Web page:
Tuesday, November 30, 2010

Transitioning from Fall to Winter

Winter is arriving here a little earlier than usual.  We've had significant snowfall and temperatures falling to single digits at night.  Usually this comes in December which is typically our coldest month.  We often get heavy snowfall in late December followed by a couple of weeks of high pressure and warmer temperatures in early January.  Skiers up at Mammoth, about 40 miles north, love this, but sometimes we can see our December snows melt away to almost nothing during this time. Mammoth sits apart on the Sierra crest and due to this geography tends to get about twice as much snow as we do just a few miles east of the crest. 

Gary and I went snowshoeing this weekend.  We left the house and walked up to North Lake, which at 9200 feet, is about 700 feet above us.  As we started up, snow began falling.  Up at the lake, we did need to put our snowshoes on and we had a nice hike up to the North Lake campground.
Gary headed toward the campground

 I run dogs on a cart up here in the fall.  There is great snow up here now - almost a foot - and if I could get my sled up to the lake I'd love to run the dogs here in the winter too.  Unfortunately, the road that takes us up here is windblown and south facing so it is often snow free even when there is a lot of snow elsewhere.  

North Lake is a favorite for fall color photographers who show up by the hundreds in September.  They are very nice however quite oblivious to what is going on around them as they stand in the middle of the road with their cameras and tripods.  We almost took a few out when we were carting here in the fall.  Here's a then and now look at a often photographed site above the lake:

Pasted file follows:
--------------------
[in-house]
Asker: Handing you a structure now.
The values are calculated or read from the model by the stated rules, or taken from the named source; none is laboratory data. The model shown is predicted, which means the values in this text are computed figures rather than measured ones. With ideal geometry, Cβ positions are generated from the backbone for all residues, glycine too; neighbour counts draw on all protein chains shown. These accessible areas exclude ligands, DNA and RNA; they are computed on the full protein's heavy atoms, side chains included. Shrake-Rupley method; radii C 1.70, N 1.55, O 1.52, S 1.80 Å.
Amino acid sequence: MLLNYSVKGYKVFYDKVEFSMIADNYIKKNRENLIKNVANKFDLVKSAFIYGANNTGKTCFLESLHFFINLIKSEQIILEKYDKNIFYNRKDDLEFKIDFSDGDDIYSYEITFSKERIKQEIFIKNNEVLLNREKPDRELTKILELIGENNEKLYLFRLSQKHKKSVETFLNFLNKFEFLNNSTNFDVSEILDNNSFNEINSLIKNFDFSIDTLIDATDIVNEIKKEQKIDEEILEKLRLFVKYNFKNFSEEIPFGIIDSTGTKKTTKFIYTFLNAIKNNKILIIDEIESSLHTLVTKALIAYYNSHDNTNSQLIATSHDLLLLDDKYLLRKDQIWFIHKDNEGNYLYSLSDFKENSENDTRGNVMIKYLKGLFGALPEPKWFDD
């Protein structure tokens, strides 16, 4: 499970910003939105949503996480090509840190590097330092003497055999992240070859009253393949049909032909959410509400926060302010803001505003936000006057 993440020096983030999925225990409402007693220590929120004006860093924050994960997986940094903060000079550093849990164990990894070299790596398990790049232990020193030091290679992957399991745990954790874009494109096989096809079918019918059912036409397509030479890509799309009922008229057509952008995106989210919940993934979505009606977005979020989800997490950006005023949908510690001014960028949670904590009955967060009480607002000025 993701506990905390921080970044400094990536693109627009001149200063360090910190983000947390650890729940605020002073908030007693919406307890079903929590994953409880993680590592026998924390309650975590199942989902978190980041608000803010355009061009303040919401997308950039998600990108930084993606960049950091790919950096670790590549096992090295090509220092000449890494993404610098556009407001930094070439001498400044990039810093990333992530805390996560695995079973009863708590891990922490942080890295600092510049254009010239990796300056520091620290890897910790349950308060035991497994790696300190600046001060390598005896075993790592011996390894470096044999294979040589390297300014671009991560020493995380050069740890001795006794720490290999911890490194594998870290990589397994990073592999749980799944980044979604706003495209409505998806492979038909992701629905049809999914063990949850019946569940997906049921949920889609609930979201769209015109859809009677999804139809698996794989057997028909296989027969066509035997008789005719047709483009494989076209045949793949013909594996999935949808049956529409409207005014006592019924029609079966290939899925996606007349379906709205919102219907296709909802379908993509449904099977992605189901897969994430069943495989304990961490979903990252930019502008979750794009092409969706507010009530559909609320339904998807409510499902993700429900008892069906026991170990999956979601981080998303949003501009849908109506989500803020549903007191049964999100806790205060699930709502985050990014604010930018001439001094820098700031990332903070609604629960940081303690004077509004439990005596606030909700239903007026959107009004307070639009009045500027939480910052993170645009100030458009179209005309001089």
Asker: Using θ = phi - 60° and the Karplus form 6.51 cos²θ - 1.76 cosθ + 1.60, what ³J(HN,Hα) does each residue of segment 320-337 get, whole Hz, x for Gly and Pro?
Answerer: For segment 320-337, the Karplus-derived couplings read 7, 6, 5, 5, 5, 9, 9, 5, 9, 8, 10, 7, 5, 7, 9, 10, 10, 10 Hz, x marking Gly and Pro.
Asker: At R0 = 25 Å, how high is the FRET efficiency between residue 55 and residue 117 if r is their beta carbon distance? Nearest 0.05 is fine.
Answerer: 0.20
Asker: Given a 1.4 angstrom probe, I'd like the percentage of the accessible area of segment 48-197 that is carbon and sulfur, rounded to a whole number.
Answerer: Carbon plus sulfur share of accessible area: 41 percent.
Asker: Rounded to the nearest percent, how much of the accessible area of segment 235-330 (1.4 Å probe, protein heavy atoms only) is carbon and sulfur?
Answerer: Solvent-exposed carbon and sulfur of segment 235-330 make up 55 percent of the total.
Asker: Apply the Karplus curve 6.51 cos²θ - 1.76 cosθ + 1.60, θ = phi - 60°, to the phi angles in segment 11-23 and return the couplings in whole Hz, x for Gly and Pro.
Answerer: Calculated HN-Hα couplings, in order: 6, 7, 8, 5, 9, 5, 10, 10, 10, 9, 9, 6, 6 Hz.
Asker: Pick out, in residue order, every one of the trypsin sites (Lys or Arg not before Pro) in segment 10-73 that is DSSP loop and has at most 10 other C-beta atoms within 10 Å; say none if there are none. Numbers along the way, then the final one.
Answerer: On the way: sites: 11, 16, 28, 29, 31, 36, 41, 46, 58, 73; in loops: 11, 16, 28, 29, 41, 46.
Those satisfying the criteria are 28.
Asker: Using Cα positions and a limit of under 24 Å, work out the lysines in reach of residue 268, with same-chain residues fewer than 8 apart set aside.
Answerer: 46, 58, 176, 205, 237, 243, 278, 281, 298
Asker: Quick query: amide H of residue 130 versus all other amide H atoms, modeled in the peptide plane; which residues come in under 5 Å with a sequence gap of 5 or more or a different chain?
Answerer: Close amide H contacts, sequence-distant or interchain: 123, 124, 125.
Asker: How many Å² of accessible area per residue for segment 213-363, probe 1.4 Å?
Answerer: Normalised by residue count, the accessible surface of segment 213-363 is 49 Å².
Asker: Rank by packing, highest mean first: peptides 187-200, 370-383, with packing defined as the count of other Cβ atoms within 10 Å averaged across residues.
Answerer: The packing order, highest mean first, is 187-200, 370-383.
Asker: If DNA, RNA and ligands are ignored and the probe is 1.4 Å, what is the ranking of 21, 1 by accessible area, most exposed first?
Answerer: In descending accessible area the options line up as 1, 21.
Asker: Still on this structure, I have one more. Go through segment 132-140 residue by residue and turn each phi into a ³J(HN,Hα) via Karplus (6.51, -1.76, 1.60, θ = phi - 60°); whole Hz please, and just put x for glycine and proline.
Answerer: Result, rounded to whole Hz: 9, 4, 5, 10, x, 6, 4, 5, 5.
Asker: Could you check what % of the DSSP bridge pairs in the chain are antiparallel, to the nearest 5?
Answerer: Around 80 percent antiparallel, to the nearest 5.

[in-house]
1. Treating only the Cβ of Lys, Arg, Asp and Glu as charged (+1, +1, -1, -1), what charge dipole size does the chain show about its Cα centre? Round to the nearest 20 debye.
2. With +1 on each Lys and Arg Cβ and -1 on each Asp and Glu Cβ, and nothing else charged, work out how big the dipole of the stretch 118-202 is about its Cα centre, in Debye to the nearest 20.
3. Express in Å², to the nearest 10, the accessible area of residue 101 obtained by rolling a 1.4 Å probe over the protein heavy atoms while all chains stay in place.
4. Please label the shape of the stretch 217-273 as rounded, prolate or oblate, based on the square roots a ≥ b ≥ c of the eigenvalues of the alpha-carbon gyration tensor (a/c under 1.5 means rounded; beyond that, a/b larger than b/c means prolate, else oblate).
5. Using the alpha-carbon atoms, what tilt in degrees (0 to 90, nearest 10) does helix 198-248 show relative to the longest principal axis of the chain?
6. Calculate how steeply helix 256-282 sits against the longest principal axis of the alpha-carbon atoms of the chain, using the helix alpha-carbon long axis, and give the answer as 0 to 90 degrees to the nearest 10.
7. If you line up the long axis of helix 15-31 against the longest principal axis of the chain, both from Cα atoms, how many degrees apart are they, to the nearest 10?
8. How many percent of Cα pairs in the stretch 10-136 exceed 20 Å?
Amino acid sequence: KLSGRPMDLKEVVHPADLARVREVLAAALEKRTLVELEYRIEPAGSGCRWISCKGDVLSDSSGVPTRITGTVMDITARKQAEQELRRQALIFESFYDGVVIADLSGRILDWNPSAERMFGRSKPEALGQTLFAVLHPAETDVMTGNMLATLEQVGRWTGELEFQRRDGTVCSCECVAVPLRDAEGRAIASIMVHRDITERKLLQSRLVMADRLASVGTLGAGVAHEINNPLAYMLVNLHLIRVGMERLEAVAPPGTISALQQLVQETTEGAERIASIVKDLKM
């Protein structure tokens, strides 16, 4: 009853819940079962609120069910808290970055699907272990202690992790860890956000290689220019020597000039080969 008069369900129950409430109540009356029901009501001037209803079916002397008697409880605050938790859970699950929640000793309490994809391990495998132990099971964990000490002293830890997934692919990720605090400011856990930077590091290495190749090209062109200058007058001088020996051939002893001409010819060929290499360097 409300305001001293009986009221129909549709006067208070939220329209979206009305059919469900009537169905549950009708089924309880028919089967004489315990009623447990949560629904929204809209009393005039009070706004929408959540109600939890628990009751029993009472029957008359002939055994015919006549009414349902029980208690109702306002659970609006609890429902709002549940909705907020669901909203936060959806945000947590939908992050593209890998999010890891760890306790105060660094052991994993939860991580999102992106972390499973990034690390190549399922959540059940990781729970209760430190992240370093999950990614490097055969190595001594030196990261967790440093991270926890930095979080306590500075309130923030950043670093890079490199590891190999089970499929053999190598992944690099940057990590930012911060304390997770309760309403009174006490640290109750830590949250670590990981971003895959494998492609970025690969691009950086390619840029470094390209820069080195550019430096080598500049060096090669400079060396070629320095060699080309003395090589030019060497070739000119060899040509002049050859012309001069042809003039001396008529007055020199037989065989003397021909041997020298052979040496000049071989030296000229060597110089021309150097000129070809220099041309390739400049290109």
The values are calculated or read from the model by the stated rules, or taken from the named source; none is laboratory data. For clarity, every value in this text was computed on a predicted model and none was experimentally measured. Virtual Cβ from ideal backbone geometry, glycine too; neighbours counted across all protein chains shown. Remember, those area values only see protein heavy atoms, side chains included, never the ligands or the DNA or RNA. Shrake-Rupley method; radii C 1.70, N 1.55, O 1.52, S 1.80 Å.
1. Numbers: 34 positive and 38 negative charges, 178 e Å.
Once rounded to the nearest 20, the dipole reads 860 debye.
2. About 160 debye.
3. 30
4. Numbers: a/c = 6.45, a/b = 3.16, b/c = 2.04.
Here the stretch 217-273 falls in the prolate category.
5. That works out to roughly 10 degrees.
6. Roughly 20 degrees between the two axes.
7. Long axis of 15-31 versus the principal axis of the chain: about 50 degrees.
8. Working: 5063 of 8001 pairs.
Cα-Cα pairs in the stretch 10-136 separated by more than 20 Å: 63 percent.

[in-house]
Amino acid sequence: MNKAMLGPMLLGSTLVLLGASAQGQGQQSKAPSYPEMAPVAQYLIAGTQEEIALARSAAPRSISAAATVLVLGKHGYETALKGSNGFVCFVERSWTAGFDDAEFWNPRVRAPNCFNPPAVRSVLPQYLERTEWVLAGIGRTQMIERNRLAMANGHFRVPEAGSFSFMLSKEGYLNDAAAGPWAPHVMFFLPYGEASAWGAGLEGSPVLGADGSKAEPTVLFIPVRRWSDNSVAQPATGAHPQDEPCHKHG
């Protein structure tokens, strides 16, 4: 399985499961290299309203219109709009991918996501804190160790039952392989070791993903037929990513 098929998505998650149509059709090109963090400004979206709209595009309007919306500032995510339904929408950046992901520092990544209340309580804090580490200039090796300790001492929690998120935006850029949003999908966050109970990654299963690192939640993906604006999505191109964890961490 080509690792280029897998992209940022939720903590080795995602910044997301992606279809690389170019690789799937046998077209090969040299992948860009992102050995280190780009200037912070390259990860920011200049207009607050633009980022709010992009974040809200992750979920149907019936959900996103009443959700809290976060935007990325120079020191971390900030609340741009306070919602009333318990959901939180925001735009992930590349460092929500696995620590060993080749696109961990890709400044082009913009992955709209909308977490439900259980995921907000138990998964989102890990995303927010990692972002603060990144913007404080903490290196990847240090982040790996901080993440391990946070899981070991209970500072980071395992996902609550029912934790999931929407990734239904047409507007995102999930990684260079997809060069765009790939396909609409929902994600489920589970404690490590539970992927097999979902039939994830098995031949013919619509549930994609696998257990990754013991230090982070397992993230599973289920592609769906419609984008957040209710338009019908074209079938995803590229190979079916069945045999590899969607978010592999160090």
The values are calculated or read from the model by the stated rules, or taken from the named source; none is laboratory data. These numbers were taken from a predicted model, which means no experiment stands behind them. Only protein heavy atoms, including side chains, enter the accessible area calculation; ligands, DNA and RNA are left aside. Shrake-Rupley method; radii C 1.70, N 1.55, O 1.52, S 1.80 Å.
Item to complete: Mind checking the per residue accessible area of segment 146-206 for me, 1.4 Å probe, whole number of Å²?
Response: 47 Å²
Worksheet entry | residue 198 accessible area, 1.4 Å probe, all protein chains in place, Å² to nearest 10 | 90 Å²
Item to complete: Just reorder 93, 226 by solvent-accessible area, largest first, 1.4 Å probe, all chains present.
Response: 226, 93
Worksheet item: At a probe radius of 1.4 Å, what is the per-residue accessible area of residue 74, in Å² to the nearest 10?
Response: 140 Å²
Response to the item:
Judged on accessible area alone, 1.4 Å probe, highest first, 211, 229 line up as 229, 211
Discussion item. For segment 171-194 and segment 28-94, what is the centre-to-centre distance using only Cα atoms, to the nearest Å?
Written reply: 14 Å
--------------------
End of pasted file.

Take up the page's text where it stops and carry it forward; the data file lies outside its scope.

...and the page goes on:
September 2010
November 2010
Dog training:  I started running the dogs with a cart in September. We started with short distances and have been building up ever since.  I can't increase distances too quickly partly because we have limited trails we can use that are cool enough and these aren't too long.  We started out with 2 miles and we're up to about 5-6 now for the younger dogs.  The older dogs are at 4 miles.  With the early arrival of winter, our usual trails are now covered with a few inches of snow - too much for the cart and nowhere near enough for the sled.  I lost a team last year when I tried to take the sled out on insufficient snow.  The hook didn't hold when I turned them around and off they went without me.  I can laugh now at the memory of running after them in the twilight with down feathers flying all around me.  My jacket was ripped when I tried unsuccessfully to grab the snow hook as they went by.  At the time though, I was very alarmed at what could happen to a loose team and was relieved when I caught up to them and they were all okay.  Now I'm happy to wait for a bit more snow!

In the last few days I have taken them to some longer trails that are now cold enough to run on.  Yesterday we ran in the Buttermilks, a favorite bouldering area for local climbers. 
We're looking at Mt. Tom, 13,658'.  These roads wind for miles and are more challenging as they trend uphill toward the mountains.  I'm hoping to get the teams up to 8 miles on dirt before we transition to snow.  My goal in this early training is to build strength and stamina.  Then when we transition to the much lighter sled on snow, we can start working on speed.  I use an Arctis cart (arctis-carts.com) which weighs about 80 lbs for our dirt training.  Sometimes I add an additional 40 to 80 lbs for the stronger team. 

That's it for now.  Next week, I'll start introducing the team!

1 comment:

  1. Lovely shots, Sheryl! I would love for you to talk about your training philosophy ;-)